Proposed Memorial Bridge by Smithmeyer and Pelz, 1887 Library of Congress, Prints & Photographs Division, LC-DIG-ppmsca-31532 Plans to build a bridge across the Potomac River date to before the Civil War. They came close to realization in the 1880s, when, working with the Army Corps of Engineers, Captain Thomas W. Symons collaborated with Smithmeyer and Pelz Architects to design a bridge honoring former president Ulysses S. Grant. One of their two plans for the memorial bridge was a neo-Romanesque pair of towers with smaller, round turrets interspersed between them. The medieval design, which conjured London’s Tower Bridge, clashed strongly with Washington’s predominantly neoclassical and Renaissance-inspired architecture.

Proposed National Galleries of History and Art by Franklin Webster Smith, 1900 Designs, Plans, and Changes for the Aggrandizement of Washington In 1890, concerned that the United States lagged behind the rest of the “civilized” world in terms of cultural development, Boston hardware magnate Franklin Webster Smith proposed a National Gallery of History and Art in Washington. Architect James Renwick, Jr., produced a design, but the project was put on hold by the financial crisis of 1893.

Proposed reuse of the Arts & Industries Building by Morphosis, 2011 Courtesy of Morphosis Architects Though the Smithsonian’s Arts & Industries (A&I) Building (1881) once hosted exhibitions on art, history, and anthropology, over the years, as more specialized museums have opened along the mall, it has lost its identity. The building had been vacant for six years when, in 2010, the Smithsonian Institute commissioned Morphosis Architects to reimagine the structure. Their designs preserved the structure’s historic integrity, while simultaneously transforming it into a modern space filled with interactive exhibitions and a “virtual index” of the entire Smithsonian collection.

Washington Monument grounds, Senate Park Commission Plan, 1902 Courtesy of U.S. Commission of Fine Arts Created in 1901 by Michigan Senator James McMillan to create “a plan for the improvement of the entire park system of the District of Columbia,” the McMillan Commission, officially known as the Senate Park Commission, was, according to Martin Moellner, “the most influential force in the design of Washington since L’Enfant.” The commission, which comprised architects Daniel H. Burnham and Charles Follen McKim, sculptor Augustus Saint-Gaudens, and landscape architect Frederick Law Olmstead, Jr., took its neoclassical cues from the “White City” aesthetic advocated by the 1893 World’s Columbian Exposition in Chicago. Due to soil problems, the Monument was built east-southeast of its original intended location. Shown here is the McMillan Commission’s plan for the site, featuring a wide staircase leading down to a circular pool—which also remained unbuilt due to poor soil conditions.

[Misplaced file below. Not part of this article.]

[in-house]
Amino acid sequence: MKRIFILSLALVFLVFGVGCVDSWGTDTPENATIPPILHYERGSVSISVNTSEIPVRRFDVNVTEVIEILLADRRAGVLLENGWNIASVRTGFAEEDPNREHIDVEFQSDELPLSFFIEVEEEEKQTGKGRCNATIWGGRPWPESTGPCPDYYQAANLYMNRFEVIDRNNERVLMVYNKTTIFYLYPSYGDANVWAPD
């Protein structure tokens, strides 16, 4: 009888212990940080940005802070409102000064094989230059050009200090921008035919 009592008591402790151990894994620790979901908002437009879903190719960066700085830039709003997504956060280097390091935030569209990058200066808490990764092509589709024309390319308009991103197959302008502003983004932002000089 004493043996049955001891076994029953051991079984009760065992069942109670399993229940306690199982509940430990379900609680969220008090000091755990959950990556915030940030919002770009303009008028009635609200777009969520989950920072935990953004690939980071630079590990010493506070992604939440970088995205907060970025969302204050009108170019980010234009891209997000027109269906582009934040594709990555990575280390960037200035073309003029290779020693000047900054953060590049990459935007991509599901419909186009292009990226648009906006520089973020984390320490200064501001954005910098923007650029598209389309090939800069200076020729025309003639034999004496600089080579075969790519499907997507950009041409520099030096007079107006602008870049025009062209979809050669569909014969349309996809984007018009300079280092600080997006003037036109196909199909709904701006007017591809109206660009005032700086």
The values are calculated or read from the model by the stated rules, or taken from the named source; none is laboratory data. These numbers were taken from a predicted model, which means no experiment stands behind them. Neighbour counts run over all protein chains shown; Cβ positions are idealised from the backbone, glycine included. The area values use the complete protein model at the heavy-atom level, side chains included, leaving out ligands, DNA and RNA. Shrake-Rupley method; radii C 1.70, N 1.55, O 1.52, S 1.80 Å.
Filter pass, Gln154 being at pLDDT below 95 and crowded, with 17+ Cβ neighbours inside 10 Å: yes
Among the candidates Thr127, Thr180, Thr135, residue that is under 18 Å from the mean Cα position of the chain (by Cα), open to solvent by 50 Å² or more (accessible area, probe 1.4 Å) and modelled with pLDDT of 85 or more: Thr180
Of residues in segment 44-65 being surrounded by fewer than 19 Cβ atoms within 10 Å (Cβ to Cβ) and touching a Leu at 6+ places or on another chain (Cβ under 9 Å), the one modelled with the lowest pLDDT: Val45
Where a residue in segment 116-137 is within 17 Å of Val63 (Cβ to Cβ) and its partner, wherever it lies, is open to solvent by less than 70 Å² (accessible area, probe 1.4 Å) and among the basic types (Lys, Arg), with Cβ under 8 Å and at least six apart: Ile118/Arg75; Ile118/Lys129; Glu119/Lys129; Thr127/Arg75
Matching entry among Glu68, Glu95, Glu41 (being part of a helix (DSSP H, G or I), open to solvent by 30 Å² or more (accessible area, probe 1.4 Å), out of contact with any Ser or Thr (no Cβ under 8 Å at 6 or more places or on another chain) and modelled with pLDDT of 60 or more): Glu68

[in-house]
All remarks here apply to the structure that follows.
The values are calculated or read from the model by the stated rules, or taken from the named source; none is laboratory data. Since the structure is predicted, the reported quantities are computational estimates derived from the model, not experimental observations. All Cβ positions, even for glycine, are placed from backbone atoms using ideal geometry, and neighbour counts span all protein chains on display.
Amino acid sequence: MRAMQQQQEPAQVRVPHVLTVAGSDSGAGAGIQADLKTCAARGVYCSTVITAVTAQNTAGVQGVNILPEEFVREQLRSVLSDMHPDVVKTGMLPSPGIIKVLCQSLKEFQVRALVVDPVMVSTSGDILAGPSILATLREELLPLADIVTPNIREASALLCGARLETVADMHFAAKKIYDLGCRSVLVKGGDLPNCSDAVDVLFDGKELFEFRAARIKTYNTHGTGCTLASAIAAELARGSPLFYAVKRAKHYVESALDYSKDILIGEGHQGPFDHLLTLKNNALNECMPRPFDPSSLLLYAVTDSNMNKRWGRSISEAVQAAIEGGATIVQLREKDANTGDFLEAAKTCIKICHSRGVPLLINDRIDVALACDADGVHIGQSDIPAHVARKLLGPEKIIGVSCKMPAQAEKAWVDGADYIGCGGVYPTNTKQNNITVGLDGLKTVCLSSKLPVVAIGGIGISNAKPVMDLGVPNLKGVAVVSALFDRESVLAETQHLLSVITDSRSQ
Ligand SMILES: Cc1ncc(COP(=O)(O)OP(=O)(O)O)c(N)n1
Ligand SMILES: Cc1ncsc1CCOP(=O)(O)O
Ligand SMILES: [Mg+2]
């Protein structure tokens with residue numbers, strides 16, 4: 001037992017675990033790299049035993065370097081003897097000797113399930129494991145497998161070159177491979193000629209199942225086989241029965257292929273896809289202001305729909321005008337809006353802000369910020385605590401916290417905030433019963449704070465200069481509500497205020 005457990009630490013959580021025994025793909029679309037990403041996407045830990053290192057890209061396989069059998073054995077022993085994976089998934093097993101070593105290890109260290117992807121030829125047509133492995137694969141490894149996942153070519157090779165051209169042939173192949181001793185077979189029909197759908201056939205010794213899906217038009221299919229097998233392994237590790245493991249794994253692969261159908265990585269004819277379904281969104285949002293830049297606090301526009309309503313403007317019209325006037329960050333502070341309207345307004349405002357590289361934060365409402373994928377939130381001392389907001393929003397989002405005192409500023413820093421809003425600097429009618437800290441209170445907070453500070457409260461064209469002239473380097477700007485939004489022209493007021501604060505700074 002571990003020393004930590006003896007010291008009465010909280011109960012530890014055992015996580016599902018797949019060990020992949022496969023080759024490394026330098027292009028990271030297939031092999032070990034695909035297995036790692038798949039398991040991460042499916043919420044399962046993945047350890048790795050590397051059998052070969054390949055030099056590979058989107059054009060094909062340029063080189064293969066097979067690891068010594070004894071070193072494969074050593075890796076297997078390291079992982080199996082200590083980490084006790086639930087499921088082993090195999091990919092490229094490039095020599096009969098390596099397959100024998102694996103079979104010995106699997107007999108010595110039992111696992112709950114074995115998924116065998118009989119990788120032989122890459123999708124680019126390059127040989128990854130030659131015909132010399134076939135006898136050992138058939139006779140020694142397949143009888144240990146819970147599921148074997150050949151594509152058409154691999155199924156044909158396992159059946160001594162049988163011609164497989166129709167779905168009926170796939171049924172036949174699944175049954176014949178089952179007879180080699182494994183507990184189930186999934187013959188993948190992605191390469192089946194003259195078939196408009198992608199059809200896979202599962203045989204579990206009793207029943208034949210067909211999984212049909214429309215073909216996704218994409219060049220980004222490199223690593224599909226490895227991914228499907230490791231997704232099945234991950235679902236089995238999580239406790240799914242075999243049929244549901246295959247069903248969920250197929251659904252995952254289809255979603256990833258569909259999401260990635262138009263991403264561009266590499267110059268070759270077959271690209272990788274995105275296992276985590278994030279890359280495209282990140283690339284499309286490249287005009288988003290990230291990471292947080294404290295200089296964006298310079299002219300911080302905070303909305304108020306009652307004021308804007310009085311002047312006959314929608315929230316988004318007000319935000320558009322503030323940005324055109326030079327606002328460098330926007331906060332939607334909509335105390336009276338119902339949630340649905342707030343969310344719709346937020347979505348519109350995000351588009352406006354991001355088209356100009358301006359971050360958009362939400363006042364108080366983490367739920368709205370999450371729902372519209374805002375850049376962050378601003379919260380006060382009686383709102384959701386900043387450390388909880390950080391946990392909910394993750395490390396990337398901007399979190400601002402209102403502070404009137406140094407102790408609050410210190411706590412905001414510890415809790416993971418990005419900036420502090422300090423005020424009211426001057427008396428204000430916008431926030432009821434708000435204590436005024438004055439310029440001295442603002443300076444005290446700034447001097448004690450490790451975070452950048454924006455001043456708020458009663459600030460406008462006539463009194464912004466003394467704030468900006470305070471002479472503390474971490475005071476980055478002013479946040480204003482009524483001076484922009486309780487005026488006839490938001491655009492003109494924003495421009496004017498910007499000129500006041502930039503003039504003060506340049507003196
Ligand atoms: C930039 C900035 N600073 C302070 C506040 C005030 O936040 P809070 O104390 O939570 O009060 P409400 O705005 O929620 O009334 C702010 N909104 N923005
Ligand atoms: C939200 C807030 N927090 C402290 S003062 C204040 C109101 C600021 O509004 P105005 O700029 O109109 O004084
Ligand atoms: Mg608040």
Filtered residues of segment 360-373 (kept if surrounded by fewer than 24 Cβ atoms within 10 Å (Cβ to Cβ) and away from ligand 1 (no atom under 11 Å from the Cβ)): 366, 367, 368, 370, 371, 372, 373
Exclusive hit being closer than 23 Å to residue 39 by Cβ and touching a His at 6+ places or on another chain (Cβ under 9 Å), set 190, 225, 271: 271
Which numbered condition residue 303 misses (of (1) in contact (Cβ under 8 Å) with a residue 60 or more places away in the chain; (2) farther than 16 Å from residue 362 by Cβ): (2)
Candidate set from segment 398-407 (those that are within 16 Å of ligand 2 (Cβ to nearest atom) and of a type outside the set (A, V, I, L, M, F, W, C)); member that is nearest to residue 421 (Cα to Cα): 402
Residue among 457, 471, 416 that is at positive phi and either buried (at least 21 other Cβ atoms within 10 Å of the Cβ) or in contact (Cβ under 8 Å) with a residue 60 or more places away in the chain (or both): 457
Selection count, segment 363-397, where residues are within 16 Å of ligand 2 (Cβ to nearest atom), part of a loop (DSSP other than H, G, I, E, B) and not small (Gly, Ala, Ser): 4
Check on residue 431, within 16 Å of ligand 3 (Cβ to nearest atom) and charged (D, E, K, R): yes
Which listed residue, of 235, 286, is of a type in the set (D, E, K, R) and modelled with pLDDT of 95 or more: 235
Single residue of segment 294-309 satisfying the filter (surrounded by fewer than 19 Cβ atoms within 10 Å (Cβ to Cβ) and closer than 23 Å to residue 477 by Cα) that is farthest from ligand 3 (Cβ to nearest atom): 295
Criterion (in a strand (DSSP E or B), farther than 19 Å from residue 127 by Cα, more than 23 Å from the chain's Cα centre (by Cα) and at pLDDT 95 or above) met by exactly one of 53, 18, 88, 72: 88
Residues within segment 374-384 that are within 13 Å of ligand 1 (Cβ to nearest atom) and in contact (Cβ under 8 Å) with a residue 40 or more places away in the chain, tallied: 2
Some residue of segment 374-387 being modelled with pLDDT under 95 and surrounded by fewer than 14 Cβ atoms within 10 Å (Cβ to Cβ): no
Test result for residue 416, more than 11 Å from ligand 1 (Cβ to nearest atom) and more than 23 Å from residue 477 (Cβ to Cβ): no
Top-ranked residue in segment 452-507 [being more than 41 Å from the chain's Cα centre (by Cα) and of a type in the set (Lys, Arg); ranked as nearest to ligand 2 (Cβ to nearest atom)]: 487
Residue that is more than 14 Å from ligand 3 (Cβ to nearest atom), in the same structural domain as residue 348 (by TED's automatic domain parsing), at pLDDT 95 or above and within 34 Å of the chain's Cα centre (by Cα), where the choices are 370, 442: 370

Proposed extensions to the White House by Frederick W. Owen, ca. 1890 Library of Congress, Prints & Photographs Division, LC-USZC4-7736 When President Benjamin Harrison moved his family into the White House in 1889, his wife, Caroline, insisted they needed more space, and contracted engineer Frederick D. Owen to design a thorough expansion. The plan called for two wings, each nearly the size of the original house, placed perpendicularly to the main building. The executive residence would remain in the main building, offices would move to the west wing, and a public art gallery would occupy the east wing. Congressional funding for the project was blocked by Speaker of the House Thomas Brackett Reed, who clashed with President Harrison over patronage appointments and presidential pardons.